Islet β-Cell Endoplasmic Reticulum Stress Precedes the Onset of Type 1 Diabetes in the Nonobese Diabetic Mouse Model
- Sarah A. Tersey1,2,
- Yurika Nishiki1,2,
- Andrew T. Templin3,
- Susanne M. Cabrera1,2,
- Natalie D. Stull1,2,
- Stephanie C. Colvin1,2,
- Carmella Evans-Molina2,3,4,
- Jenna L. Rickus5,6,7,
- Bernhard Maier1,2 and
- Raghavendra G. Mirmira1,2,3,4⇓
- 1Department of Pediatrics, Indiana University School of Medicine, Indianapolis, Indiana
- 2The Herman B. Wells Center for Pediatric Research, Indiana University School of Medicine, Indianapolis, Indiana
- 3Department of Cellular and Integrative Physiology, Indiana University School of Medicine, Indianapolis, Indiana
- 4Department of Medicine, Indiana University School of Medicine, Indianapolis, Indiana
- 5Department of Agricultural and Biological Engineering, Weldon School of Biomedical Engineering, Purdue University, West Lafayette, Indiana
- 6Birck Nanotechnology Center, Purdue University, West Lafayette, Indiana
- 7Bindley Bioscience Center, Purdue University, West Lafayette, Indiana
- Corresponding author: Raghavendra G. Mirmira, .
Type 1 diabetes is preceded by islet β-cell dysfunction, but the mechanisms leading to β-cell dysfunction have not been rigorously studied. Because immune cell infiltration occurs prior to overt diabetes, we hypothesized that activation of inflammatory cascades and appearance of endoplasmic reticulum (ER) stress in β-cells contributes to insulin secretory defects. Prediabetic nonobese diabetic (NOD) mice and control diabetes-resistant NOD-SCID and CD1 strains were studied for metabolic control and islet function and gene regulation. Prediabetic NOD mice were relatively glucose intolerant and had defective insulin secretion with elevated proinsulin:insulin ratios compared with control strains. Isolated islets from NOD mice displayed age-dependent increases in parameters of ER stress, morphologic alterations in ER structure by electron microscopy, and activation of nuclear factor-κB (NF-κB) target genes. Upon exposure to a mixture of proinflammatory cytokines that mimics the microenvironment of type 1 diabetes, MIN6 β-cells displayed evidence for polyribosomal runoff, a finding consistent with the translational initiation blockade characteristic of ER stress. We conclude that β-cells of prediabetic NOD mice display dysfunction and overt ER stress that may be driven by NF-κB signaling, and strategies that attenuate pathways leading to ER stress may preserve β-cell function in type 1 diabetes.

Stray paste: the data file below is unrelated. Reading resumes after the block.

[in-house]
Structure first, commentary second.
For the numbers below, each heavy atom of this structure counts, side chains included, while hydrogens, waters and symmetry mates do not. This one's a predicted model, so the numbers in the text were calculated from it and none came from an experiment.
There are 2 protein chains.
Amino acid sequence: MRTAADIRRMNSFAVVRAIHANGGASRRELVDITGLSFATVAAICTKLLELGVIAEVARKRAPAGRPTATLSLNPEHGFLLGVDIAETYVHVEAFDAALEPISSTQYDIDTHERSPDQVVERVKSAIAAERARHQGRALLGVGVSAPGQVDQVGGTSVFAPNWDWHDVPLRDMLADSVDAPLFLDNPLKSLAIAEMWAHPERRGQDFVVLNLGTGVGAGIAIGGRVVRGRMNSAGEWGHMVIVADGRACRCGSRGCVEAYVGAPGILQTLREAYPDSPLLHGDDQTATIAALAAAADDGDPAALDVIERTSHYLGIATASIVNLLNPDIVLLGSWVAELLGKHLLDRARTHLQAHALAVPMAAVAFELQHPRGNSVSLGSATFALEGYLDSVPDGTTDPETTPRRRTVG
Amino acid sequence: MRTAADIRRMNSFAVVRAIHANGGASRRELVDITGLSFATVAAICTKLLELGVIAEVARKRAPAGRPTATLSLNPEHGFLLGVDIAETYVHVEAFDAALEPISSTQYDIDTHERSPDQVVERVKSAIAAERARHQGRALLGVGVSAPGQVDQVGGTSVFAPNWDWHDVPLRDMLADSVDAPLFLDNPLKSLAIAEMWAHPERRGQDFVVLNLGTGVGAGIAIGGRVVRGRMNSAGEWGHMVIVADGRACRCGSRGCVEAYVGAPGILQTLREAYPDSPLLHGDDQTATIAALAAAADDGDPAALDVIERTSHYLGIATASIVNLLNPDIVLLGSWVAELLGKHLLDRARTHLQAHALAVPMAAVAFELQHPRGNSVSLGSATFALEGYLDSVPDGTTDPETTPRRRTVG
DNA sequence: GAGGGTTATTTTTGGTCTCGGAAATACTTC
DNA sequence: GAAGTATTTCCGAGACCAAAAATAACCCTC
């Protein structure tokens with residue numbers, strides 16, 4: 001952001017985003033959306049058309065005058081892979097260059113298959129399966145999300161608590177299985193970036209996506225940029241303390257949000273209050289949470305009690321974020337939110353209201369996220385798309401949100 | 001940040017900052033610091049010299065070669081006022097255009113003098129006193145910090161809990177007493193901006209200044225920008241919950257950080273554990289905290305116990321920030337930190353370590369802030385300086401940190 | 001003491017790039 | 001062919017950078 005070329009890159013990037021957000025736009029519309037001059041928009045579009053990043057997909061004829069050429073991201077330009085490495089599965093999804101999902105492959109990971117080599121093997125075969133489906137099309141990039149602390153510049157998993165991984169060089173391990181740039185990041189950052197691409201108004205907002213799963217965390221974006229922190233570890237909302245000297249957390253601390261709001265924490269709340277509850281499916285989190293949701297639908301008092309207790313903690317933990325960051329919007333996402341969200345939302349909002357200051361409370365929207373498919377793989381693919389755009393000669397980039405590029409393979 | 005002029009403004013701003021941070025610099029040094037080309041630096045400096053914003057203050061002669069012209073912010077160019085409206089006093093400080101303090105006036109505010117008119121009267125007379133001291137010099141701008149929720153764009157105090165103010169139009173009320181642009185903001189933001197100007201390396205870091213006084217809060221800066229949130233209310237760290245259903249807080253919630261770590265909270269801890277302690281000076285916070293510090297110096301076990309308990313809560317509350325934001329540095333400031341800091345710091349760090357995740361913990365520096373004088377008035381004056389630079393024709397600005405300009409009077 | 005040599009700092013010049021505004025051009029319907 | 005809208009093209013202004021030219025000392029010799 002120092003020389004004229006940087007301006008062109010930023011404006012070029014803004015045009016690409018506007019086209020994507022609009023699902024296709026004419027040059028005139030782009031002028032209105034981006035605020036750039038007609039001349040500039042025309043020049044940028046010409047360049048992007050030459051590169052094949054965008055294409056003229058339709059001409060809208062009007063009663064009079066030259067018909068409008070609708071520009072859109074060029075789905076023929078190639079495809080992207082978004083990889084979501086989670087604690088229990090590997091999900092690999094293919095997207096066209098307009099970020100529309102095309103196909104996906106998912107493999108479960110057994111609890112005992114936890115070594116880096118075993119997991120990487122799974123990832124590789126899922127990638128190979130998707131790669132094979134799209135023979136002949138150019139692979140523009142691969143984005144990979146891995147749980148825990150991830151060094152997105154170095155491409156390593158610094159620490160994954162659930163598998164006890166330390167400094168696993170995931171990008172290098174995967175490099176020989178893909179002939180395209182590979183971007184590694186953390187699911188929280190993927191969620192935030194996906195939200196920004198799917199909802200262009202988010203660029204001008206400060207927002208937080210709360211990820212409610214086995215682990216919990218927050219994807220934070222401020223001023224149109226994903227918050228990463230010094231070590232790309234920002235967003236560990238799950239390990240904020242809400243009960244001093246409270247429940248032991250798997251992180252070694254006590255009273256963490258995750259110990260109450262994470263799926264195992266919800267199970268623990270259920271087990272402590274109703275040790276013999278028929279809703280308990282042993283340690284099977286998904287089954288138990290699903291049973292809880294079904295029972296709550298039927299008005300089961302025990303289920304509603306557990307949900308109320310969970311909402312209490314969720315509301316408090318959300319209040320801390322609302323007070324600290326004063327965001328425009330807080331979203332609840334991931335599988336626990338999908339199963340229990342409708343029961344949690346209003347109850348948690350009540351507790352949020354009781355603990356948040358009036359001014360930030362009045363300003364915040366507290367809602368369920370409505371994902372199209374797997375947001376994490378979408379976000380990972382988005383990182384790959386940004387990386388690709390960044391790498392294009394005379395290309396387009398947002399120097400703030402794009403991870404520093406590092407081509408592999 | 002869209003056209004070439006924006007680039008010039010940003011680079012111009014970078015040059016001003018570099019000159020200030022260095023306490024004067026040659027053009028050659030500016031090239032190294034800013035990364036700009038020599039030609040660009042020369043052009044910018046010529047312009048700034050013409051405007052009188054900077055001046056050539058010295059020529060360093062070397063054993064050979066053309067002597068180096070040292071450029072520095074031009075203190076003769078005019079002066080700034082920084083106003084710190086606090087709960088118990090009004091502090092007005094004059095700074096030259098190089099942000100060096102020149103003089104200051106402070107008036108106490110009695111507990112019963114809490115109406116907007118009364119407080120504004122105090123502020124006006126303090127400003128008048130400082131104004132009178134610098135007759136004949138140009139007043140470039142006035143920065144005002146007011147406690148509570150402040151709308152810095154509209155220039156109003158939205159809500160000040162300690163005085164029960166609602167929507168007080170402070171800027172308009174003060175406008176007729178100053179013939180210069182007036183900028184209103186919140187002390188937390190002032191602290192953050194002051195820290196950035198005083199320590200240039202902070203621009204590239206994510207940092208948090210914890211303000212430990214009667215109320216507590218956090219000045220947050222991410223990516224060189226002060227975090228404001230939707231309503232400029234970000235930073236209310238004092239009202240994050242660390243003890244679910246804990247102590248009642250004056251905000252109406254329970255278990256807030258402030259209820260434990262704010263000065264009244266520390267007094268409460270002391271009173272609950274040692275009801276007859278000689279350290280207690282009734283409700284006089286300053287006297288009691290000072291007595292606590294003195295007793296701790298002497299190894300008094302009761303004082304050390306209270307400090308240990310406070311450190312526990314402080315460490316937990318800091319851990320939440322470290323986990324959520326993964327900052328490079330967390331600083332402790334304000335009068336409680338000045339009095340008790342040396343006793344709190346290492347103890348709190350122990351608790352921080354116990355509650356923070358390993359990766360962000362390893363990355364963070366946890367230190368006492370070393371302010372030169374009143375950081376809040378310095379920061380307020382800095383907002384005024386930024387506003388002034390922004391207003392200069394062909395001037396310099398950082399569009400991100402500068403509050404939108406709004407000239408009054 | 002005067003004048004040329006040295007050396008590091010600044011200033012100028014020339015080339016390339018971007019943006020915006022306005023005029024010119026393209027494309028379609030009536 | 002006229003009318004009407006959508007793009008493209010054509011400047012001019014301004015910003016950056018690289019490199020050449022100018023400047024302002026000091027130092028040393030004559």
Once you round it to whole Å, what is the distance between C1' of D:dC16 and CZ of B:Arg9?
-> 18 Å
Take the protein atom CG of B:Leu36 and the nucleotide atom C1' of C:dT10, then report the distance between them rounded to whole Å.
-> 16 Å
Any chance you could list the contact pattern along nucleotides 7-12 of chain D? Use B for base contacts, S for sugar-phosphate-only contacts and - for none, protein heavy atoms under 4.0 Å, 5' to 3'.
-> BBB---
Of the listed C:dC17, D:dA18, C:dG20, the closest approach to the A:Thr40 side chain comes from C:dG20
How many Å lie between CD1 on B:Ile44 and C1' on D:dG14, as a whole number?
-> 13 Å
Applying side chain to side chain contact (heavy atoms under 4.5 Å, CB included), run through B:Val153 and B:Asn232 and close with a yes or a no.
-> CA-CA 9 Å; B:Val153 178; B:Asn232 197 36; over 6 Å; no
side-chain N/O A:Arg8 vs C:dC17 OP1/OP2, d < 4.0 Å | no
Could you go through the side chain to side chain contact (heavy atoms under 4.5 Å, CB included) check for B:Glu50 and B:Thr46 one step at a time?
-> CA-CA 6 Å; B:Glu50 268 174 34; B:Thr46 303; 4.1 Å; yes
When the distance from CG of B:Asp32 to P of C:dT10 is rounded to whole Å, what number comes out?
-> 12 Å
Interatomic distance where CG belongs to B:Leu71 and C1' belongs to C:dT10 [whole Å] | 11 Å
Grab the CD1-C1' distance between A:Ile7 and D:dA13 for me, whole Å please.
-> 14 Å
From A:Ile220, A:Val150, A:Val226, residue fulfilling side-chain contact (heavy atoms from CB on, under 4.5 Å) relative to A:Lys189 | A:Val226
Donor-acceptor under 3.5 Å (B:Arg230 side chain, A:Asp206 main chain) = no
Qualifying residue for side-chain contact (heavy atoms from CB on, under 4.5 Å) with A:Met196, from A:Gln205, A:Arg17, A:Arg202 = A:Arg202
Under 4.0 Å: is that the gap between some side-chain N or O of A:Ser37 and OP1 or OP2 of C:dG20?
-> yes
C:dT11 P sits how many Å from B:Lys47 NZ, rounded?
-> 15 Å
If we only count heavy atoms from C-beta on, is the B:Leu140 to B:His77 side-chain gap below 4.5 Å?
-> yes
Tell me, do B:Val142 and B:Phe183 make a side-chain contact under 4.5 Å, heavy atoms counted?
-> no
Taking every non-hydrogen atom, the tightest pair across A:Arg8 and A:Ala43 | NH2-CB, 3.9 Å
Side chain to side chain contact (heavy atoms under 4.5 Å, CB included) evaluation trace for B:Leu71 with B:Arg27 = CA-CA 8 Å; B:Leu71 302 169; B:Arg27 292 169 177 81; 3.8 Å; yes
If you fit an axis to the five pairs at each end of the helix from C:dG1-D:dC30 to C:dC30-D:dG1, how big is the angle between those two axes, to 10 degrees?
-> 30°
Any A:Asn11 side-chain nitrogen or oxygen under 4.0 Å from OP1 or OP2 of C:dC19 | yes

This article contains Supplementary Data online at at http://diabetes.diabetesjournals.org/lookup/suppl/doi:10.2337/db11-1293/-/DC1.
See accompanying commentary, p. 780.
- Received September 15, 2011.
- Accepted December 13, 2011.
- © 2012 by the American Diabetes Association.
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